What does it mean to be “born again?”
Jesus tells Nicodemus he must be “born again” of “water and the Spirit,” but again, how does one do that? Nicodemus doesn’t understand – though Jesus thought he should understand it – and we have trouble with it too.
In Ezekiel 36, God promised a time of new birth. He would give his people a new heart and a new spirit – His Spirit! The result of this would be that Israel would be faithful to God’s decrees and laws. It would involve the cleansing of water and bestowal of Spirit. It is interesting that hot on the heels of Jesus’ words to Nicodemus, John mentions baptism.
But do not make the mistake of thinking that the “new birth” is “getting baptized.”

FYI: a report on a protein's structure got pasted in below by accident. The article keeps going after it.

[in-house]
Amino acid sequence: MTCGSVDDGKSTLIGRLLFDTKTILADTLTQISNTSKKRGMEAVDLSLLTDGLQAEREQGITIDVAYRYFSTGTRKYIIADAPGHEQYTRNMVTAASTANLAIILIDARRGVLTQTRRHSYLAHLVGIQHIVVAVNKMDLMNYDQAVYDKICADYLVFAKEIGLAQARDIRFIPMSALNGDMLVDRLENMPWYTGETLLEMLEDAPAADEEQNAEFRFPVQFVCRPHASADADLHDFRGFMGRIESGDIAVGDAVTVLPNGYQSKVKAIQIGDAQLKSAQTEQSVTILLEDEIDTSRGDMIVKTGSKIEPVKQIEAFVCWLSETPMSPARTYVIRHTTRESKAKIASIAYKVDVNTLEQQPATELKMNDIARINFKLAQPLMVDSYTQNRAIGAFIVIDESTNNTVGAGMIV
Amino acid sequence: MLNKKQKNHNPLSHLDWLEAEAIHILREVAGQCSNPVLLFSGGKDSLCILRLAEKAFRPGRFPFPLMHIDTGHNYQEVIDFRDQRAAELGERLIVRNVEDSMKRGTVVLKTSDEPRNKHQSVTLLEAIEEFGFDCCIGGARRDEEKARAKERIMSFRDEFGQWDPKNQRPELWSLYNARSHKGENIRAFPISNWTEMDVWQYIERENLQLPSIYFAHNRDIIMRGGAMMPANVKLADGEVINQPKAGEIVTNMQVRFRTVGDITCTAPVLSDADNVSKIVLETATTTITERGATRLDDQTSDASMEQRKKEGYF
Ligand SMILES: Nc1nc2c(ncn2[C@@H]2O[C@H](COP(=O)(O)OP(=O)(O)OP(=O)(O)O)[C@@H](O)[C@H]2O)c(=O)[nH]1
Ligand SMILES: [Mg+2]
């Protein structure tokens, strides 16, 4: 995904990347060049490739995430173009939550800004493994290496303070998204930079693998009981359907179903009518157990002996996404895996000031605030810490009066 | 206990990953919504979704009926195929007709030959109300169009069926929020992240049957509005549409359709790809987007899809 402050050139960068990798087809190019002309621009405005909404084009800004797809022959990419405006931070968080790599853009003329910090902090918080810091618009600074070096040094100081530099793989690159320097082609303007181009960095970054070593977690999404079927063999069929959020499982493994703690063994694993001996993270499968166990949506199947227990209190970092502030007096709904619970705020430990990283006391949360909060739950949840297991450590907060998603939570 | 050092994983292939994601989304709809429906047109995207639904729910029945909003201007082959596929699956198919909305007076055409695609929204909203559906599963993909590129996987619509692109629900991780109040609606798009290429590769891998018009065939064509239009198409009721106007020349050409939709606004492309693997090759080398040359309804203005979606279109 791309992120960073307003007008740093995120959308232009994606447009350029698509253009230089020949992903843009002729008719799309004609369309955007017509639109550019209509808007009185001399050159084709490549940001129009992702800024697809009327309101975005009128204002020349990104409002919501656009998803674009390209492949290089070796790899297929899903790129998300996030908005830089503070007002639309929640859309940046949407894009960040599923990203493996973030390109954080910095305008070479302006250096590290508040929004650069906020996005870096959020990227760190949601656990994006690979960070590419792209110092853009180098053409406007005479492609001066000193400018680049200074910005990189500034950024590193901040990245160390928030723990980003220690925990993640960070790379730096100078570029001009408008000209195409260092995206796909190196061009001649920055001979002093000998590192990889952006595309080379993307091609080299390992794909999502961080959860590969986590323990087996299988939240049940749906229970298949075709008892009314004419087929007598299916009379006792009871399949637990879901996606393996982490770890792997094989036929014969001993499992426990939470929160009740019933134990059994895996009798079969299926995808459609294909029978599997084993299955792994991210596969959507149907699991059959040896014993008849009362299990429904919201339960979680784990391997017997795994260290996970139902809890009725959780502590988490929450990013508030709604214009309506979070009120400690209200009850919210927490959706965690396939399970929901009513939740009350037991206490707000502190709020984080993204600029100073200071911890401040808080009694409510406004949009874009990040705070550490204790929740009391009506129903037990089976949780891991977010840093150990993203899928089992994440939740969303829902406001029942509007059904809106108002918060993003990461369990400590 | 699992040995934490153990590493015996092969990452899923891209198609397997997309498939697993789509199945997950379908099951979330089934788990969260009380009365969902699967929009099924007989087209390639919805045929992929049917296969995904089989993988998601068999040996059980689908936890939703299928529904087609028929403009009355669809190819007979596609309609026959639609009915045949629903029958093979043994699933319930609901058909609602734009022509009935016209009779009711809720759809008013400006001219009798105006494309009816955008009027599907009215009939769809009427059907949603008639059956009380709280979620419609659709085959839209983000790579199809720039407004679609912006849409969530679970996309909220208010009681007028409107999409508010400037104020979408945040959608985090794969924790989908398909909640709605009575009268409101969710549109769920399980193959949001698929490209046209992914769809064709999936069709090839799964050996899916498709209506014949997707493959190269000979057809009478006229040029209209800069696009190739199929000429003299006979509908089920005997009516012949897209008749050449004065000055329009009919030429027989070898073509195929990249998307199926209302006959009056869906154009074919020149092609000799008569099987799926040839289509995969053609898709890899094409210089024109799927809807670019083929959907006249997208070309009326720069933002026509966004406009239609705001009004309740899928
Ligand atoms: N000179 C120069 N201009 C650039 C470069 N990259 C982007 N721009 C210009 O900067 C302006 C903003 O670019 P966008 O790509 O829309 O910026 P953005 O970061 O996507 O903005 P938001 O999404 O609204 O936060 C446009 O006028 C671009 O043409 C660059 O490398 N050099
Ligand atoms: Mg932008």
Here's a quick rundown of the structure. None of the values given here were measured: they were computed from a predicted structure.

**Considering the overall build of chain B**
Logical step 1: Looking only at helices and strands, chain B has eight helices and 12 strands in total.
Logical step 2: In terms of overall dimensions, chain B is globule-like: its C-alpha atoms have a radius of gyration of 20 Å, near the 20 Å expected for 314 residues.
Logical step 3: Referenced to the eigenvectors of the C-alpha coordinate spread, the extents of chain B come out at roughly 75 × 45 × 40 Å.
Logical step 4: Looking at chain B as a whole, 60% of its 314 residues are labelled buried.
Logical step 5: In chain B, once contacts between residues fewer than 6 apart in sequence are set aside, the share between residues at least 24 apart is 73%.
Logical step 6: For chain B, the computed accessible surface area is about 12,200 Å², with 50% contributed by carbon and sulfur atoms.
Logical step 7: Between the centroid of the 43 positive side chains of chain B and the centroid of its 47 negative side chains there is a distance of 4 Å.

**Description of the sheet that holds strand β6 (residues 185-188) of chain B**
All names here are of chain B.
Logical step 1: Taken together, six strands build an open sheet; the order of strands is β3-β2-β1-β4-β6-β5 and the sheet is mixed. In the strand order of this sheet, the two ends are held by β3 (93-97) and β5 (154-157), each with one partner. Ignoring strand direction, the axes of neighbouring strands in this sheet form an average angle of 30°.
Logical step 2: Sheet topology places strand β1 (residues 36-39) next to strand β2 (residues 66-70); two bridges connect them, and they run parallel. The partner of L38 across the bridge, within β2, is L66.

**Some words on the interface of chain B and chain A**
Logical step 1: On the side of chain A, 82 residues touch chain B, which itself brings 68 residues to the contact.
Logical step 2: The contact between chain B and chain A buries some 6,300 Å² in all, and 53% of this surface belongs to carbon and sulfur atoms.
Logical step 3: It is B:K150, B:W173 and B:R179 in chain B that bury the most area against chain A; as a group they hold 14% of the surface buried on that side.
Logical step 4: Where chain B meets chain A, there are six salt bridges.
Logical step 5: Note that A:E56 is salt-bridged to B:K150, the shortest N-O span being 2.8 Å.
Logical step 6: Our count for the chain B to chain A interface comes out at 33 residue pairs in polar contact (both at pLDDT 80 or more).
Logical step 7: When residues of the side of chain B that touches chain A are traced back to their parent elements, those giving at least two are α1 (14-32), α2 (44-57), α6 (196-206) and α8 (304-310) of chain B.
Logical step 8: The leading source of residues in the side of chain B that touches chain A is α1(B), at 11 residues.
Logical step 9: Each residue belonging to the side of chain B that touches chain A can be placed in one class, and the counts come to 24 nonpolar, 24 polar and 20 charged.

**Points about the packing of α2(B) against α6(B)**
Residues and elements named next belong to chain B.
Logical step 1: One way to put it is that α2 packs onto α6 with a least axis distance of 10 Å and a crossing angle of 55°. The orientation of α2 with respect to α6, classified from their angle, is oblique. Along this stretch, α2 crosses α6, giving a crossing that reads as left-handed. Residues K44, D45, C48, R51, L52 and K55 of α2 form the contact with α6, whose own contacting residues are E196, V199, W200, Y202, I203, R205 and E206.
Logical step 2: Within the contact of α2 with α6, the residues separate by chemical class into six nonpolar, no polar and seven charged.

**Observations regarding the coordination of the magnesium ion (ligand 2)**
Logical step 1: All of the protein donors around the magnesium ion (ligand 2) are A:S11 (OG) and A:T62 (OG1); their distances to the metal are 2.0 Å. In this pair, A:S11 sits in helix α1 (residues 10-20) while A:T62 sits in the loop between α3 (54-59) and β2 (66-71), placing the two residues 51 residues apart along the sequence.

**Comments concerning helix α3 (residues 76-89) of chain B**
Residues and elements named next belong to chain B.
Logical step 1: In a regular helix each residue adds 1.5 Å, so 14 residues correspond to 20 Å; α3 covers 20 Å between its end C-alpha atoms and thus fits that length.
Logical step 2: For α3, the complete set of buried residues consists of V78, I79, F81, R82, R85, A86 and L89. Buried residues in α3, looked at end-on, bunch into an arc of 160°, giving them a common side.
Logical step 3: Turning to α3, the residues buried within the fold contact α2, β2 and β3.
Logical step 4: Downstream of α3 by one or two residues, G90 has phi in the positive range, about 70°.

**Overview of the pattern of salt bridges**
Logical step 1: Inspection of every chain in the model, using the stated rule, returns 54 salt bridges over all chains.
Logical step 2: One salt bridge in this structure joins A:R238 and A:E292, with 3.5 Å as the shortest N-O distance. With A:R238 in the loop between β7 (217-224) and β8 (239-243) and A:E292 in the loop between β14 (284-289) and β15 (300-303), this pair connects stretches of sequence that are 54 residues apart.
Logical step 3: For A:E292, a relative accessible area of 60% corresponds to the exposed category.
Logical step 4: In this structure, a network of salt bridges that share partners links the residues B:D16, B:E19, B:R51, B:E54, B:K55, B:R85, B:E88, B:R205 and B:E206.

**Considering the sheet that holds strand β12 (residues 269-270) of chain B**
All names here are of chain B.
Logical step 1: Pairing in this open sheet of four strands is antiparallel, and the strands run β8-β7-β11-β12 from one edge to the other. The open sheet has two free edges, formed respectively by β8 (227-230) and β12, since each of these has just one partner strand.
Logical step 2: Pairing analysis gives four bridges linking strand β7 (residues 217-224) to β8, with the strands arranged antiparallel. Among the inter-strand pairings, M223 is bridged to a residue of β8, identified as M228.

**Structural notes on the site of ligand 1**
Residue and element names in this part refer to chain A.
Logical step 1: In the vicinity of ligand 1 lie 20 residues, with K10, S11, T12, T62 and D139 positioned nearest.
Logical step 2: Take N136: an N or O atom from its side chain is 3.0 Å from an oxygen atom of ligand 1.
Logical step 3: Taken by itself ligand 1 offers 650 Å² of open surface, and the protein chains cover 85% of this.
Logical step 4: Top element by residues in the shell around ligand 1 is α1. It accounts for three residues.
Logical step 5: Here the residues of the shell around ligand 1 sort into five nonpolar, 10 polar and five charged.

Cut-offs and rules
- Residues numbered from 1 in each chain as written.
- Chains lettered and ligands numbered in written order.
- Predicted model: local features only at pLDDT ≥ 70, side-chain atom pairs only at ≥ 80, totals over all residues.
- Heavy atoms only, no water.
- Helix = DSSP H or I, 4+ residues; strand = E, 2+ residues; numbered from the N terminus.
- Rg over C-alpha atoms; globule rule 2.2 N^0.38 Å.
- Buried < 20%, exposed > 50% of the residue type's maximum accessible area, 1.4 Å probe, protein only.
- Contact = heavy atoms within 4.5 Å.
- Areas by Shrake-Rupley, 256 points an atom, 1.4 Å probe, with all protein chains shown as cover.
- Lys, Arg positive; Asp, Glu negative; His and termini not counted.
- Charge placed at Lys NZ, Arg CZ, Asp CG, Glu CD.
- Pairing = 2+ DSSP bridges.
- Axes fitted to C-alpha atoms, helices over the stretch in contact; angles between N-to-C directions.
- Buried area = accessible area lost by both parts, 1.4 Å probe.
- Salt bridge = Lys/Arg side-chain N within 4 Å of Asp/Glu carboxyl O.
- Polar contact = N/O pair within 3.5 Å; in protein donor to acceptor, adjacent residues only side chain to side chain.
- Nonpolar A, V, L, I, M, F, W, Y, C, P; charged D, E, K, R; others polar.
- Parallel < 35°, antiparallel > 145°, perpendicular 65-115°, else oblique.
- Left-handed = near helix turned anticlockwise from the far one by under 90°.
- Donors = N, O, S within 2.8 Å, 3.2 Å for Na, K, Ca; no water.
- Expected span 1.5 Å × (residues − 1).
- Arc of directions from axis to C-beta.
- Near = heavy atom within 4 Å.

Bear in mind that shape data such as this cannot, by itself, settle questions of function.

There are elements here often missed.
The first is that “flesh gives birth to flesh” and spirit gives birth to spirit.” The new birth changes us and gives us God’s DNA (so to speak). The reborn person does not hate the light (which exposes the darkness) but enters it willingly so that what he does is seen to be by the power of God (verse 21).
Basically, being born again gives a life a new nature and a new direction. This may begin at baptism, but if baptism is all it is, there has really been no new birth. Life must be different and that difference is seen in holiness. This, really, is the eternal life; not just one that goes on forever, but shares in the very nature and action of God.